Codependency in Relationships

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“Codependency is not about a relationship with an addict, it is the absence of relationship with self.” ~ Terry Kellogg

broken heartCodependency in relationships is a dysfunctional pattern of living and problem solving. Basically it is about unhealthy emotional dependencies.

Codependency develops due to growing up in a family where there are rules that hinder development. These rules may include: its not okay to talk about problems; feelings should not be expressed, rather kept inside; communication is best if its indirect; one person acts as messenger between two others; don’t be selfish; its not okay to play or be playful; don’t rock the boat.

These kinds of rules can interfere with the free and healthy development of self-esteem and ability to cope. Consequently the child grows into an adult with non-helpful behavior characteristics, problem solving techniques and reactions to situations in life.

How do you know if you are codependent? Indicators would be that generally you’re feeling unfulfilled consistently in relationships, you tend to be indirect, don’t assert yourself when you have a need, are aware that you don’t play as much as others, or others point out you could be more playful.

Symptoms of codependency include controlling behavior, distrust, perfectionism, avoidance of feelings, intimacy problems, caretaking behavior, hypervigilant about potential threats or danger and physical illness related to stress.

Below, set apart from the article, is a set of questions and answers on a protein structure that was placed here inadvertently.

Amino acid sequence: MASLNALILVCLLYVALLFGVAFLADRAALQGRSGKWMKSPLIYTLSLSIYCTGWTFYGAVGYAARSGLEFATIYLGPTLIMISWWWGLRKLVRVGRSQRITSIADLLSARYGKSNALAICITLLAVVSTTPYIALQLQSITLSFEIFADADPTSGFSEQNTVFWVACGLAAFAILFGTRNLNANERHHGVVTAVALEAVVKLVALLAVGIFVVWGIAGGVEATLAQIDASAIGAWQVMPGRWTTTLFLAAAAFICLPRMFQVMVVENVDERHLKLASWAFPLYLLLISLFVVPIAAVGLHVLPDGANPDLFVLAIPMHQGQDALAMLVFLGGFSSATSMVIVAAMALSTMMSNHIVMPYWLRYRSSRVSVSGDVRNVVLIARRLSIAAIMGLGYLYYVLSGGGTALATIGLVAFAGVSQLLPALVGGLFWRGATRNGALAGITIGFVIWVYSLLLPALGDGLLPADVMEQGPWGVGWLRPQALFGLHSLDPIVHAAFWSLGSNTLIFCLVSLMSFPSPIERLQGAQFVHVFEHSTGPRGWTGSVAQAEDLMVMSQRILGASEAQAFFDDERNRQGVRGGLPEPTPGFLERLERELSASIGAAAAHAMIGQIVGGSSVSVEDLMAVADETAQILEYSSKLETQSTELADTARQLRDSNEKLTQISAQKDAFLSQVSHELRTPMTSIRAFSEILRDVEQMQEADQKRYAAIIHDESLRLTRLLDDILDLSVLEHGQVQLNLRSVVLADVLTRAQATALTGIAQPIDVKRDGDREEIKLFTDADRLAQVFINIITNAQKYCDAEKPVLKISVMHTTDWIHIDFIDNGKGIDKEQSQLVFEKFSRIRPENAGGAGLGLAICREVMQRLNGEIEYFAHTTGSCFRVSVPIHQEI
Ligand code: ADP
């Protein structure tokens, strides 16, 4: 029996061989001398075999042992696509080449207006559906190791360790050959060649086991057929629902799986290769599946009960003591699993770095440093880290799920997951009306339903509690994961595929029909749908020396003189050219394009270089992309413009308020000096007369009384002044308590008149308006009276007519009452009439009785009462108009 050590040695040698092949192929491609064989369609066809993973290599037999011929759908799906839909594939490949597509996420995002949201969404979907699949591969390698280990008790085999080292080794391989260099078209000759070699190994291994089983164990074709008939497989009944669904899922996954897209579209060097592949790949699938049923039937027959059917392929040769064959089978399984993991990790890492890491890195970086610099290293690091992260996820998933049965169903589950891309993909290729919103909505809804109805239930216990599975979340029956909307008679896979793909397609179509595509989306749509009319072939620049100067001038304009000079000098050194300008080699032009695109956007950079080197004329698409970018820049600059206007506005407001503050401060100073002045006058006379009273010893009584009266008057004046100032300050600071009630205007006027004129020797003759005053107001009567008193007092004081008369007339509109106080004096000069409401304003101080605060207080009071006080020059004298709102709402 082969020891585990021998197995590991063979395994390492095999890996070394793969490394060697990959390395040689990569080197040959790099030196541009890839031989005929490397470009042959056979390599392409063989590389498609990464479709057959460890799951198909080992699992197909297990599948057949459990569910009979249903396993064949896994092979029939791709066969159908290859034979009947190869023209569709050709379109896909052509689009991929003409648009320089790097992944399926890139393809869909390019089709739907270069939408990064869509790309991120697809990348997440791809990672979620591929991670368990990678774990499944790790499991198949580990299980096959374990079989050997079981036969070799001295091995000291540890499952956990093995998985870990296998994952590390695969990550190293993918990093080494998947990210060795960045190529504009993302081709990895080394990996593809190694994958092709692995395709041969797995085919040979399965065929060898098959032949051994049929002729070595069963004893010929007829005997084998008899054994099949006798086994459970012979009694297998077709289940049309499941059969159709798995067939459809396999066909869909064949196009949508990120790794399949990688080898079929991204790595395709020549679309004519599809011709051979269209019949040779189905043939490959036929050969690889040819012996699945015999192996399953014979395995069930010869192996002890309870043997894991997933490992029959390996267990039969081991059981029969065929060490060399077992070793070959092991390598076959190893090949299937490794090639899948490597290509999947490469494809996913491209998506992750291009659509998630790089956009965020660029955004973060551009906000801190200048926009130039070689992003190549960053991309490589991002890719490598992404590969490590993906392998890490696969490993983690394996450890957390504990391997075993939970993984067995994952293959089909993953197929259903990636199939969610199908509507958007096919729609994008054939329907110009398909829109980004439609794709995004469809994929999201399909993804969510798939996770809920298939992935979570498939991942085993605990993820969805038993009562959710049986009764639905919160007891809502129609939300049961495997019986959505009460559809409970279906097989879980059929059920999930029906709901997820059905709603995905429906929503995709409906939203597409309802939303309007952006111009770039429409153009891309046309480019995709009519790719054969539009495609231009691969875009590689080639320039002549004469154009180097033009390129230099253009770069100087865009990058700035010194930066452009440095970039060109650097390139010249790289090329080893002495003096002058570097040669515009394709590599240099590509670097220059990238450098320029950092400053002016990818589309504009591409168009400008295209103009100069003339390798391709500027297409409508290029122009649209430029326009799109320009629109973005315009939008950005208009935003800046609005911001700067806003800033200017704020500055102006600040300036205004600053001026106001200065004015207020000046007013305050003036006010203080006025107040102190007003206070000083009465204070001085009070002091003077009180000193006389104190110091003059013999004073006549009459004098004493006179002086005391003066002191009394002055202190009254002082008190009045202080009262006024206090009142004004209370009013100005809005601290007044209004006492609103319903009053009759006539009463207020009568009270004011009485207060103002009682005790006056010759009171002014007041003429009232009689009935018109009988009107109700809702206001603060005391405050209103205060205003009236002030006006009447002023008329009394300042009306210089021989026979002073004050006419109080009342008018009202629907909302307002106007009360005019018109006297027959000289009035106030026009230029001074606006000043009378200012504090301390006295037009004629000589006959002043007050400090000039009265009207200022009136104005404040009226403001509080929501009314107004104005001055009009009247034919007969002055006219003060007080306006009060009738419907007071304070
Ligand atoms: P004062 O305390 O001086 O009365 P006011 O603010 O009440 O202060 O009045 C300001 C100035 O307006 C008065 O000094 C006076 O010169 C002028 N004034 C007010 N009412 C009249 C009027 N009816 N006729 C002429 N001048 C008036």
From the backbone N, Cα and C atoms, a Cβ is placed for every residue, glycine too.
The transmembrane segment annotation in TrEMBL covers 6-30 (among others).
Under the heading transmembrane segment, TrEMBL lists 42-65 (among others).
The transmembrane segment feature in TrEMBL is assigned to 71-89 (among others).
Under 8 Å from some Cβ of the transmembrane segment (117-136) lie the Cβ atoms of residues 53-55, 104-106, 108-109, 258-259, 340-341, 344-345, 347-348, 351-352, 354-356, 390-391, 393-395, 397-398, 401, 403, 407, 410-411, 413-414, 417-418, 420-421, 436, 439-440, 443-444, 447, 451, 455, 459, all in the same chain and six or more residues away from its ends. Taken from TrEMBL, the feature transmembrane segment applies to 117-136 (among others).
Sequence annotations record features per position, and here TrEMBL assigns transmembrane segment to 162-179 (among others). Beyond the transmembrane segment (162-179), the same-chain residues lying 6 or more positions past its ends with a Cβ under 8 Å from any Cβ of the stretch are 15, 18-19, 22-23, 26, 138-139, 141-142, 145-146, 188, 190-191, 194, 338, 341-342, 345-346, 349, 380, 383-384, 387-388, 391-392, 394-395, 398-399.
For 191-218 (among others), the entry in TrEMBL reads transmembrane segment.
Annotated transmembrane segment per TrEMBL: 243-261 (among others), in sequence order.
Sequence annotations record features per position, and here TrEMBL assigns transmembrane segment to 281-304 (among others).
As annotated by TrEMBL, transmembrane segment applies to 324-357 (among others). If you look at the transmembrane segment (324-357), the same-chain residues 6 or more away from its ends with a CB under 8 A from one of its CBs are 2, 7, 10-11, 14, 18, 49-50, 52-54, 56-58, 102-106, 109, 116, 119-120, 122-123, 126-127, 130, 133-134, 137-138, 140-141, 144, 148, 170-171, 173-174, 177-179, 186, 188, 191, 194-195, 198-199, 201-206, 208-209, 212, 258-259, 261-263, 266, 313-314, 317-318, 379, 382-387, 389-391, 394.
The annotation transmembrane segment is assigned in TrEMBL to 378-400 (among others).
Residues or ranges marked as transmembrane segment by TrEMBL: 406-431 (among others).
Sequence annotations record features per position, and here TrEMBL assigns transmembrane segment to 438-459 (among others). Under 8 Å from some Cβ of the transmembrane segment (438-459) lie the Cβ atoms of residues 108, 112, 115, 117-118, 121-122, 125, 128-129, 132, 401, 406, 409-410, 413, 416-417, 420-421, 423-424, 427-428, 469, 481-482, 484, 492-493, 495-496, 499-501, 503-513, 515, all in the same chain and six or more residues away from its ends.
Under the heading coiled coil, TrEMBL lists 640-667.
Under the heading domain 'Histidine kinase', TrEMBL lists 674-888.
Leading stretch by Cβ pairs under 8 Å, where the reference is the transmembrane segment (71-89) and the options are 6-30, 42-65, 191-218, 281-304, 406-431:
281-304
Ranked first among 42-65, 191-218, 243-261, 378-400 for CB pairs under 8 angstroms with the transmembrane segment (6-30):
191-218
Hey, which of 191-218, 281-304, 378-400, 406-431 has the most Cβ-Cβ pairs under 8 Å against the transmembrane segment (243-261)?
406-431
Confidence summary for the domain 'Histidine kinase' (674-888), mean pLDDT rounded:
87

The codependent very often feels others are not doing enough to meet his/her needs, becomes easily hurt by comments or behaviors of others, holds resentments, and generally has more conflicted relationships than average.

The codependent often feels the solution to his/her problems is for others to change their behaviors. However, the real solution is for the person to learn to take one hundred percent of the responsibility for his/her own thoughts and feelings.

Inner healing is required, generally through therapy. The process includes learning to see, value, acknowledge and understand oneself. It is important to learn to be conscious of what you are feeling and being open to learning what you are doing to create your own feelings, rather than being a victim and believing others are causing your feelings. It is also about learning to attend to our own wants and needs.

Copyright © Gwen Randall-Young, All Rights Reserved. Contact us if you would like permission to reprint.
CDs You May be Interested In:
When Relationships Break Down
Conflict Resolution in Relationships
Trust and Fidelity
Codependency and Projection
Relationship Healing